It’s often thought that young people aren’t interested in civic engagement because they’re only looking at traditional or conventional forms of engagement, yet research shows that young people are often civicly engaged in nontraditional ways (Harris, Wyn & Younes, 2007). Engagement often uses technology and social media. Libraries can capitalize on this engagement. What we need is a broader definition of engagement, to look at new forms of engagement and how youth are participating and foster that interest.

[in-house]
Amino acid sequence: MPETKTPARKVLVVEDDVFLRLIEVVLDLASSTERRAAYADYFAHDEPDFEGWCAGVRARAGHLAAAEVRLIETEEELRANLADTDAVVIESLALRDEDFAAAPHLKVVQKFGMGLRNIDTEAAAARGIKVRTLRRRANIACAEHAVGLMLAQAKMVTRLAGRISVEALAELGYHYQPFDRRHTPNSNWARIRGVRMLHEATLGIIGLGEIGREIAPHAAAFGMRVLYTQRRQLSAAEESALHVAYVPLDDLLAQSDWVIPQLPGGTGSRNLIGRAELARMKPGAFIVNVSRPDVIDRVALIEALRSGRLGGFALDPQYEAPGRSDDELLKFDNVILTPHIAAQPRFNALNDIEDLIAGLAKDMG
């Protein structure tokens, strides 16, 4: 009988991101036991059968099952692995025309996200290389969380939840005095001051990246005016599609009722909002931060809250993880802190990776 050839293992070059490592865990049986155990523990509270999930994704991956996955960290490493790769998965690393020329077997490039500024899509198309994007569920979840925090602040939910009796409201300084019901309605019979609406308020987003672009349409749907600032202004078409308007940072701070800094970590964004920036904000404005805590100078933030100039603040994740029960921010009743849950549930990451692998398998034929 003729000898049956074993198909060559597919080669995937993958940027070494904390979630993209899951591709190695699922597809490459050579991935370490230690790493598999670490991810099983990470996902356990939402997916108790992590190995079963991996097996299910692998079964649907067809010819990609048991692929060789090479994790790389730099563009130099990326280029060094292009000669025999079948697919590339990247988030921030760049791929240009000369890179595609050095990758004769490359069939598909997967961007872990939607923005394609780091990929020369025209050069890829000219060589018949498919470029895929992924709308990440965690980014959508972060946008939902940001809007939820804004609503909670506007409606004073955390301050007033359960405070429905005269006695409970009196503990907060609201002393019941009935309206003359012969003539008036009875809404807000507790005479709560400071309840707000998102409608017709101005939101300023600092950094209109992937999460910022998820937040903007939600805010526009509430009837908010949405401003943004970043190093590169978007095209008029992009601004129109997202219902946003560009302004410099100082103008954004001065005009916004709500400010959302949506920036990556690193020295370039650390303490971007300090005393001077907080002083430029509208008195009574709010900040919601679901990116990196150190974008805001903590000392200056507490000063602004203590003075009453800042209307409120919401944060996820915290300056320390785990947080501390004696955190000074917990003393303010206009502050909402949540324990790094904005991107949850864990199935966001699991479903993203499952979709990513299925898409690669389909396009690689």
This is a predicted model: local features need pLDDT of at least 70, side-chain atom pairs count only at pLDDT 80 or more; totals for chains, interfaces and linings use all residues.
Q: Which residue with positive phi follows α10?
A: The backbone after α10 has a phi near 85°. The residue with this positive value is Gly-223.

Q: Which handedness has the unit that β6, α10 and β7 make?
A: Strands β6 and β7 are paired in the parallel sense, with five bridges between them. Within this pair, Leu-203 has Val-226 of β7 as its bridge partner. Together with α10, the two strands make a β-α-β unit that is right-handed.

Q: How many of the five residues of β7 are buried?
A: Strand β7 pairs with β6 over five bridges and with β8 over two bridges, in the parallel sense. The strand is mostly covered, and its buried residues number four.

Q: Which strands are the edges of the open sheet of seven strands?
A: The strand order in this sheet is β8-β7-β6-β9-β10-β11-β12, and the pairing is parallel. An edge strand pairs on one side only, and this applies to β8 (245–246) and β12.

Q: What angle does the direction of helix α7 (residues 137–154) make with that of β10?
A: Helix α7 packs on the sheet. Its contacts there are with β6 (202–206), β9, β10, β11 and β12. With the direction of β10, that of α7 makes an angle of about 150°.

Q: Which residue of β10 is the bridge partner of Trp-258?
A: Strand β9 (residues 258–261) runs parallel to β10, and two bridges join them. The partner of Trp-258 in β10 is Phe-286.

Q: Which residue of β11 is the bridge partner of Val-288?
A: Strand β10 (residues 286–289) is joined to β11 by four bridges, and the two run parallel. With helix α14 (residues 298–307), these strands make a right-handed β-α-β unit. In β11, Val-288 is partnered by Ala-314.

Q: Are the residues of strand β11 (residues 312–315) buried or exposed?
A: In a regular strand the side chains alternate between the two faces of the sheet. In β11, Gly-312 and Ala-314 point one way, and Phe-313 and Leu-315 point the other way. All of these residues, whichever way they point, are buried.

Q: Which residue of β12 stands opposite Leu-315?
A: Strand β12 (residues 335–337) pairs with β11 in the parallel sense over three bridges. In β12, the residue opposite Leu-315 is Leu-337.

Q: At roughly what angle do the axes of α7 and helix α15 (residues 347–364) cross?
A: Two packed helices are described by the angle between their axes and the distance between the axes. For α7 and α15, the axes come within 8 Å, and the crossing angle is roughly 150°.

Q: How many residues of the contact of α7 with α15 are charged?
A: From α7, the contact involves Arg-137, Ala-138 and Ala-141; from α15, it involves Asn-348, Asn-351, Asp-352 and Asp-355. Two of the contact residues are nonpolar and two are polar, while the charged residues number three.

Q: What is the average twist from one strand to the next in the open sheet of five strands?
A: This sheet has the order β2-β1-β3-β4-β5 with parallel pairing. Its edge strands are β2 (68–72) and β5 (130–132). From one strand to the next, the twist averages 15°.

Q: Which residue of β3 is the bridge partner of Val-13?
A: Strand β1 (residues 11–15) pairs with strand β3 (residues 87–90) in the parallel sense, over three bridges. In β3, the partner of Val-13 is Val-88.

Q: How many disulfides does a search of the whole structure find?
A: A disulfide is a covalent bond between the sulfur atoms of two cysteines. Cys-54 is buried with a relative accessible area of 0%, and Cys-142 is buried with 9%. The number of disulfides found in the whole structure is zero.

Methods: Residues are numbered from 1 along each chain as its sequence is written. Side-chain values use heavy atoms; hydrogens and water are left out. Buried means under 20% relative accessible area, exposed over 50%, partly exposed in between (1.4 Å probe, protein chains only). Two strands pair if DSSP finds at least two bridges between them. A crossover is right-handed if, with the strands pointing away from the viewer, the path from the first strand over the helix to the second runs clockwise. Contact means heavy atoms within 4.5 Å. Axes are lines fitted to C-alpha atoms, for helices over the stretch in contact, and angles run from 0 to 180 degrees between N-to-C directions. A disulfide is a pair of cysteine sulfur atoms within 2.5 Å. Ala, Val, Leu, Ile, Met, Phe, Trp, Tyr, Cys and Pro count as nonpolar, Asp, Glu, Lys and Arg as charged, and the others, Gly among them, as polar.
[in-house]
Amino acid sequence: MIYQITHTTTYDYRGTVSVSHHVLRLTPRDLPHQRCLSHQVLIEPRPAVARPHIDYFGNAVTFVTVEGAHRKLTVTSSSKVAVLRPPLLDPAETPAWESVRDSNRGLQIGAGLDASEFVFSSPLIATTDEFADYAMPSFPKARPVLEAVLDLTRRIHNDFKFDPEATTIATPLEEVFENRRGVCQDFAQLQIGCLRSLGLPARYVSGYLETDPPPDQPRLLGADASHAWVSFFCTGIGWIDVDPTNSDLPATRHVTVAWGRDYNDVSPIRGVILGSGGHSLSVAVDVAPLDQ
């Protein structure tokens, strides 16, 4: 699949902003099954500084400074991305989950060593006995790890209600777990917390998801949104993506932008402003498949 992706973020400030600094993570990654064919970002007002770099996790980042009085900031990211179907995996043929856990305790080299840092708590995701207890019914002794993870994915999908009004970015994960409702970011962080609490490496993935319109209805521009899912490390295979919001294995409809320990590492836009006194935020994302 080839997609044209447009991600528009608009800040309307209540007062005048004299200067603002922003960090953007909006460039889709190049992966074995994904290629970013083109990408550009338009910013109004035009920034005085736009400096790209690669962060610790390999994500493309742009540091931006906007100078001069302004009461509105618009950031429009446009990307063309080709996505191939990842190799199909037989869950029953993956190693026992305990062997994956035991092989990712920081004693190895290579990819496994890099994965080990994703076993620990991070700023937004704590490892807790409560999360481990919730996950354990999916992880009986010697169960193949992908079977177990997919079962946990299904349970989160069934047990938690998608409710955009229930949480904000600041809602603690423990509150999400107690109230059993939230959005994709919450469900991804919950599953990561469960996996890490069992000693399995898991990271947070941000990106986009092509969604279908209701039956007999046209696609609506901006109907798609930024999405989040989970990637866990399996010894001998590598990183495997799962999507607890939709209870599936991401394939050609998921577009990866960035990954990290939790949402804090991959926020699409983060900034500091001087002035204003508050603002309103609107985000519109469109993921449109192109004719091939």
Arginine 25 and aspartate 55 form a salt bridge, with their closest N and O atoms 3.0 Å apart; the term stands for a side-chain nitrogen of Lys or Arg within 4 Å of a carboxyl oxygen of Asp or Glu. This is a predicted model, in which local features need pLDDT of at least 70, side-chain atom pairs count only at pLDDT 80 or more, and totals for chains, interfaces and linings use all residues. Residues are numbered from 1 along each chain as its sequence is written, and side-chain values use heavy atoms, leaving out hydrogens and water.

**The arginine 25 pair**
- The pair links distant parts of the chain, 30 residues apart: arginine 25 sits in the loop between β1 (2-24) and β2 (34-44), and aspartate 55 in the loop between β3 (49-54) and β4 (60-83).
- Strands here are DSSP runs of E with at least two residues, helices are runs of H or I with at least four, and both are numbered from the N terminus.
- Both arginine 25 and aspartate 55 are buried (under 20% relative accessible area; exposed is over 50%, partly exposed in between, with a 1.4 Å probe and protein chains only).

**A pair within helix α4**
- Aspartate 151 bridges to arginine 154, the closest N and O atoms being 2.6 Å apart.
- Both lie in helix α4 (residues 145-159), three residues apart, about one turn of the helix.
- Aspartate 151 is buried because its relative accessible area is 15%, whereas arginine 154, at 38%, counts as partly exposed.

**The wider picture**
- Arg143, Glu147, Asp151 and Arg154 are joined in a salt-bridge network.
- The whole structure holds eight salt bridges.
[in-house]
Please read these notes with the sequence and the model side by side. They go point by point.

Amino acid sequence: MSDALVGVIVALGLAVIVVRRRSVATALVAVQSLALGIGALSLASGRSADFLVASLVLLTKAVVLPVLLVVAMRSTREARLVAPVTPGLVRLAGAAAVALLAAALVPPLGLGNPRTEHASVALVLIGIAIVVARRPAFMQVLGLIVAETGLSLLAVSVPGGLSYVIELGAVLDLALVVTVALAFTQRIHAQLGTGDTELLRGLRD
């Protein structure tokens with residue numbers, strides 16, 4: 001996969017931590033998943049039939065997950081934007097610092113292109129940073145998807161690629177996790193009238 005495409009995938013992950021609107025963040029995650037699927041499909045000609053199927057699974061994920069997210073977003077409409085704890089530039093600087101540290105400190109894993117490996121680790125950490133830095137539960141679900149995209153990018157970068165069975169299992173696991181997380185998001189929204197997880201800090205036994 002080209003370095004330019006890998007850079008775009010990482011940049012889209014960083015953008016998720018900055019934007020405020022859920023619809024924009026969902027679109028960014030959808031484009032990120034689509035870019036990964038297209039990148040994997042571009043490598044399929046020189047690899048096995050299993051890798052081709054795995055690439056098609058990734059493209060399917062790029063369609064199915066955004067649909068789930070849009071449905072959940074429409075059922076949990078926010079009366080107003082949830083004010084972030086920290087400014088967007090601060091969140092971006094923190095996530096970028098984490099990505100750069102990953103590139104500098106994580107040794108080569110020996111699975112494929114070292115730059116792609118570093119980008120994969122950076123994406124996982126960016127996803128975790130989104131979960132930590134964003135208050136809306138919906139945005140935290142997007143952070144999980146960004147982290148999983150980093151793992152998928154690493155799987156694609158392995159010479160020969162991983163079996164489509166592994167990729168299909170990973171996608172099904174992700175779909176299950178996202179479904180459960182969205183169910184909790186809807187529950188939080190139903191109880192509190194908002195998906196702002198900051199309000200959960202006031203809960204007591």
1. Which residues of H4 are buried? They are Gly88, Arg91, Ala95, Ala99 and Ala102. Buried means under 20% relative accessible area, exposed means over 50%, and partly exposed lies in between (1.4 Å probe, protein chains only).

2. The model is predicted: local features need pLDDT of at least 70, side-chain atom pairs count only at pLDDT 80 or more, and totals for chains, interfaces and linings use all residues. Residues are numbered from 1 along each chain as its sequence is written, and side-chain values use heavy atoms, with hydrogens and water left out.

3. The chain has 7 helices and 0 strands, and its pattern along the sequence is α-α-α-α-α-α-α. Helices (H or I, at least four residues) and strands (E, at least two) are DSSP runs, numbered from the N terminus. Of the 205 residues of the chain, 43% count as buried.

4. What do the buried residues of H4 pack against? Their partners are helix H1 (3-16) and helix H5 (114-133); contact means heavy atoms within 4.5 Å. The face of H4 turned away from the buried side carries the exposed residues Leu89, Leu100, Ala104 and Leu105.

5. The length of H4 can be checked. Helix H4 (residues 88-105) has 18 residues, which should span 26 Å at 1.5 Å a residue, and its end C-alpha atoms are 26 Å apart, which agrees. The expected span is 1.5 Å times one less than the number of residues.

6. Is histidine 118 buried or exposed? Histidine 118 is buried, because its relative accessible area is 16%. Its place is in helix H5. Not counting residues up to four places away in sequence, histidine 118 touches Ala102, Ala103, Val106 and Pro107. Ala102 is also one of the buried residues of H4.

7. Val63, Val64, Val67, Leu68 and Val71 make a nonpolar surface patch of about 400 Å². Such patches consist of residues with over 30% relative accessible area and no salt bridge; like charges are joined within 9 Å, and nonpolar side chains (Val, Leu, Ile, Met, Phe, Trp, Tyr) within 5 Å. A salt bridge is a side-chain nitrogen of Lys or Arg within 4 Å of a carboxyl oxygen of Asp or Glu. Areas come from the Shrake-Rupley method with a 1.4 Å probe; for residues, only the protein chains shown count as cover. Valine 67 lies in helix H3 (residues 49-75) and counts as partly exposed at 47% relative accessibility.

The Social Justice Youth Development (SJYD) model states that

“the capacity for youth to respond to community problems and heal from the psycho/social wounds of hostile urban environments.” (Ginwright & Cammaraoa, 2002)

SJYD focuses on praxis, or “reflection and action upon the world in order to transform it” (Freire, 1993; quoted in Ginwright & Cammarota, 2002) and three levels of awareness:

  • Self-awareness-critique of stereotypes, active engagement of identity development

  • Social Awareness-community organizing, political education, youth exercising power in community institutions

  • Global Awareness-connection to others’ struggles (Ginwright and Cammarota, 2002)